April 30, 2008

C# Pre Processor Directives

One of the good features of C# that we rarely use are the Pre Processor directives. Let's see how we can use them for us.

In general practice, we always write some test code in the application. As in JavaScript we use temporary alerts, in C# code behind too (or even in class library project) we use test code like temporary emailing and writing hardcode emails in the application emails. And very often this kind of code goes to production machine that is undesirable as well disastrous. To avoid this we can use the conditional compilation directives. Let's see how to use them


We are going to use three directives #define, #if, #endif. We can define the symbol in a file using the #define directive like

#define TESTCODE (this will define a symbol named TESTCODE)


And then we can write our test code within the conditional compilation #if directive as below

#if TESTCODE (if the TESTCODE symbol is defined using the #define then true, false otherwise)


// Test Code goes here.....
#endif

Also this is a very good way to handle multiple environments like in one project we had three environments like DEVELOPER, STAGE, PRODUCTION and we also had different databases. Now it may happen that we do not want the test data in our production database so that we can define these three symbols and then in the function returning the connection string we can conditionally return the appropriate connection string as below


internal string GetConnectionString() {

string conStr = "";


#if DEVELOPEMENT
conStr = "development database connection string";
#endif
#if STAGE
conStr = "Stage database connection string";
#endif
#if PRODUCTION
conStr = "Production database connection string";
#endif
return conStr;
}

HOW TO DEFINE:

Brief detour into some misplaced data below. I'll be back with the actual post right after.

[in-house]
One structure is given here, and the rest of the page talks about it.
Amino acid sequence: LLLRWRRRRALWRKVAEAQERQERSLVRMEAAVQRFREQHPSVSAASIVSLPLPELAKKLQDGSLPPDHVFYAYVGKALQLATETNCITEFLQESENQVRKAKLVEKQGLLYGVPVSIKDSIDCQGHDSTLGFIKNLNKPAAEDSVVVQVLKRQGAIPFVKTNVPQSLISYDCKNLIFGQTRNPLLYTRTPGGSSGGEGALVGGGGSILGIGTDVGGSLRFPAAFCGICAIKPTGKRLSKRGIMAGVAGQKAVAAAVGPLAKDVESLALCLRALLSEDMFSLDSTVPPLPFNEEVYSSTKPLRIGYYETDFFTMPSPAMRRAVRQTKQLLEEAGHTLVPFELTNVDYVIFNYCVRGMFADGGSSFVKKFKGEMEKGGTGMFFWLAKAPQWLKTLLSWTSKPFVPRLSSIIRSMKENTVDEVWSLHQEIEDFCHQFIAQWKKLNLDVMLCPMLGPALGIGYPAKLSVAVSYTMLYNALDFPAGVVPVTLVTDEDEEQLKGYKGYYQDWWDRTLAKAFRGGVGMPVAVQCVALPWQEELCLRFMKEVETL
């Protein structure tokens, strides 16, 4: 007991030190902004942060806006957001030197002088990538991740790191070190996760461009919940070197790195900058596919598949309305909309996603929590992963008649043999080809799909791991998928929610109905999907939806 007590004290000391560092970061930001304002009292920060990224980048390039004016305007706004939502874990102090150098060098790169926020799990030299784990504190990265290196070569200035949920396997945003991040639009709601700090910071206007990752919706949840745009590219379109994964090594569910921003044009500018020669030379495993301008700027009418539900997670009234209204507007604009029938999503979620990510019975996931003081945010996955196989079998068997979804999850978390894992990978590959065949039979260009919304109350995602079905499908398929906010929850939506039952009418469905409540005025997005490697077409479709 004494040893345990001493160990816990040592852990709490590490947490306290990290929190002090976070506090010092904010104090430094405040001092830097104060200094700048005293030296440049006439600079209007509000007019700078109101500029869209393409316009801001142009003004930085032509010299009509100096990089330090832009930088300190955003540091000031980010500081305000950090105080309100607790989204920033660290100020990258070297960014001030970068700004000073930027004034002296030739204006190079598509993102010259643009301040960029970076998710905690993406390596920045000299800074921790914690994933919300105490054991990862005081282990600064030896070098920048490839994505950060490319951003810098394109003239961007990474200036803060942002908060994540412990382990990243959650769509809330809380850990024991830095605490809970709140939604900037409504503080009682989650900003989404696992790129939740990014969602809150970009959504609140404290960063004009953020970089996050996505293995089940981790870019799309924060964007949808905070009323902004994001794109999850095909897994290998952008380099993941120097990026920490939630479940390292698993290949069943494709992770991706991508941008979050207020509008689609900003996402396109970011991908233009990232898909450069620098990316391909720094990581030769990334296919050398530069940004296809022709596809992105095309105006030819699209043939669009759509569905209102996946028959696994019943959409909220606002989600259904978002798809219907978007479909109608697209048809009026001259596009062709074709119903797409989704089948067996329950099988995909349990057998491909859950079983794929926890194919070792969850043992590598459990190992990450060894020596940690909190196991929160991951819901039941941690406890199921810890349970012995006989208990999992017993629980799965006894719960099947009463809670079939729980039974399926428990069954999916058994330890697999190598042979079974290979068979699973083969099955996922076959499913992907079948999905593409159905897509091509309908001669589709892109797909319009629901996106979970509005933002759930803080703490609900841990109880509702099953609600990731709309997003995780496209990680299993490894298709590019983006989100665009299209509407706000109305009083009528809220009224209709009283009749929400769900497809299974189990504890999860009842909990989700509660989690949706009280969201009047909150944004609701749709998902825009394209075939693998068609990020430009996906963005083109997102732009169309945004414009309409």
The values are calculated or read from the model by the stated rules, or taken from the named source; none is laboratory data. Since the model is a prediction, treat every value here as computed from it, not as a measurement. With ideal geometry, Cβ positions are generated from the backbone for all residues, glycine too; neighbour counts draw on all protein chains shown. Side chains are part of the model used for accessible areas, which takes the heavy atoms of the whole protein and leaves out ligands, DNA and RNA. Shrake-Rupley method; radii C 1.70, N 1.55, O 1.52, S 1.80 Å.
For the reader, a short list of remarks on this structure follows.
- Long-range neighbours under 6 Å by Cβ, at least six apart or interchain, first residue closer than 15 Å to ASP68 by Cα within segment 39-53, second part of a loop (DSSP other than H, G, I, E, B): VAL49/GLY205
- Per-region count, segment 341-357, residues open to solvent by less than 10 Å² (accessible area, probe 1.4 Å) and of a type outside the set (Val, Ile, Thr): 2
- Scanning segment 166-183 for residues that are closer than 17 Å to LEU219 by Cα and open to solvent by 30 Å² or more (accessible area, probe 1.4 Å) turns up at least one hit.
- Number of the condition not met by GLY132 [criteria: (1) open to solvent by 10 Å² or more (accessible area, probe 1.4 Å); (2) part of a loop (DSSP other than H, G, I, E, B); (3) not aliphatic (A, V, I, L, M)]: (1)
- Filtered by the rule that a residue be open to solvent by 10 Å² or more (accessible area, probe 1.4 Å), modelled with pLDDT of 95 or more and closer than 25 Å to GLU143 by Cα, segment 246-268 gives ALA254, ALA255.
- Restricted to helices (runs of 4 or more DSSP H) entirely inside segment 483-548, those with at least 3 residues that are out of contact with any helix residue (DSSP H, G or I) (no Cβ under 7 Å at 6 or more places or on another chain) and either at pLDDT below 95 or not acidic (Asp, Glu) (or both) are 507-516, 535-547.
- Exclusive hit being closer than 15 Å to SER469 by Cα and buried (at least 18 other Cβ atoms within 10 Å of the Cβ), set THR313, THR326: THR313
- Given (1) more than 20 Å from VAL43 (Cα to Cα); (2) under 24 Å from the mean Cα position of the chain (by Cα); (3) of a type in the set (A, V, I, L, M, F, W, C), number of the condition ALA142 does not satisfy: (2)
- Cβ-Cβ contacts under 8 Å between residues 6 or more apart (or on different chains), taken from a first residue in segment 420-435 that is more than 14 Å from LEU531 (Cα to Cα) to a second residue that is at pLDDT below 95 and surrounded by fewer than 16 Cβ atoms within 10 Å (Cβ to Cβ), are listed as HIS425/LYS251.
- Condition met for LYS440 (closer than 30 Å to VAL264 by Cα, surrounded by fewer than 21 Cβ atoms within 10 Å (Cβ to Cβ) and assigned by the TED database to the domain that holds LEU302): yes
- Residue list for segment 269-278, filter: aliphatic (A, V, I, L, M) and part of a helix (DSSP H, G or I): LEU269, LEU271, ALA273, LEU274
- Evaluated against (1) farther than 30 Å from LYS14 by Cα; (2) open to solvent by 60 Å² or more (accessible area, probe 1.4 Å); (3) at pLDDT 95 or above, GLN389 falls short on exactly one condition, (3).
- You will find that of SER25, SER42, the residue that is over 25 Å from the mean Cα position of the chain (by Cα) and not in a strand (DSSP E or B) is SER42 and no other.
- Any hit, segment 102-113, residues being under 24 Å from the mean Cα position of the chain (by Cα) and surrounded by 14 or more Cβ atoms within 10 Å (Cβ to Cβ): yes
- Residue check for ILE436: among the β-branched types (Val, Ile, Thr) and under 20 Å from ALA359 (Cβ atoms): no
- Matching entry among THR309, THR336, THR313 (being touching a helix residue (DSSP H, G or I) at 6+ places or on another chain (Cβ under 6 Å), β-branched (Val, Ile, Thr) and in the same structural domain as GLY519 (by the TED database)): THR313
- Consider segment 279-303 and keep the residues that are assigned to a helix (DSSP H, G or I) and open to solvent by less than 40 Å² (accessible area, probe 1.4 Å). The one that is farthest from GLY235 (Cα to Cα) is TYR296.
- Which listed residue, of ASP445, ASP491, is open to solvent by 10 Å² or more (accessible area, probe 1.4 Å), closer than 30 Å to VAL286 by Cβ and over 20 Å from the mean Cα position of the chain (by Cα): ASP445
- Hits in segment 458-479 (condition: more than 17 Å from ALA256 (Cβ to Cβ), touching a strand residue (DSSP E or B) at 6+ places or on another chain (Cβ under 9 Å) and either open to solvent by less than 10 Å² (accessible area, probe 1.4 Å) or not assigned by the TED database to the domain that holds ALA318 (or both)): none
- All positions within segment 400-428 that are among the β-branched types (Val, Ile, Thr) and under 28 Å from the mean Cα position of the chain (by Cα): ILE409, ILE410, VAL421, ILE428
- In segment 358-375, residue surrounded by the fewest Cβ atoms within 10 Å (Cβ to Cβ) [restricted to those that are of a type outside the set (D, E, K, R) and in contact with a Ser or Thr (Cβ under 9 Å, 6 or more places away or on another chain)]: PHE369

So now only if you have the above line (#define TESTCODE) in your file the above conditional code will compile, not otherwise. So in case you do not want the test code to be moved to the production environment dll then just go to the file and remove the #define TESTCODE.
These conditional compilation symbols can be defined at file level or the project level. To define it at file level we can put the #define SYMBOLNAME in the file itself. To define the project level symbol follow the below steps.
Right click the .csproj (project file) -> click Properties -> go to Build tab -> find the Conditional compilation symbol and write the symbols in the text boxes. Multiple symbols can be separated by comma.
Now in ASP.NET 2.0 website this can be in the web.config file too as below
<system.codedom>
<
compilers>
<
compiler language="c#;cs;csharp" extension=".cs"
type="Microsoft.CSharp.CSharpCodeProvider, System, Version=2.0.0.0,
Culture=neutral, PublicKeyToken=b77a5c561934e089"
compilerOptions="/d:SYMBOL1,SYMBOL2"/>
<
/compilers>
<
/system.codedom>

USE #warning AND #error IN CODE REVIEW:

Two other important directives are #warning and #error. Let us see how can we use them. These directives can be used while reviewing the code. As when some senior programming guy reviewing the code and if he find some better alternative for a piece of code he/she can put a warning there like

#warning Method implemented incorrectly. Do not use static variables.


So whenever the code is compiled, we will find the above warning in the output window and the Error list window. If we find some bad code that is written wrongly then we can put #error MESSAGE so that the code will not be compiled ant the message will be shown in the output and the Error list window

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1 comments:

Nirav Patel said...

Hi Paresh,

Its very good article. Seems very useful.

Thanks for posting.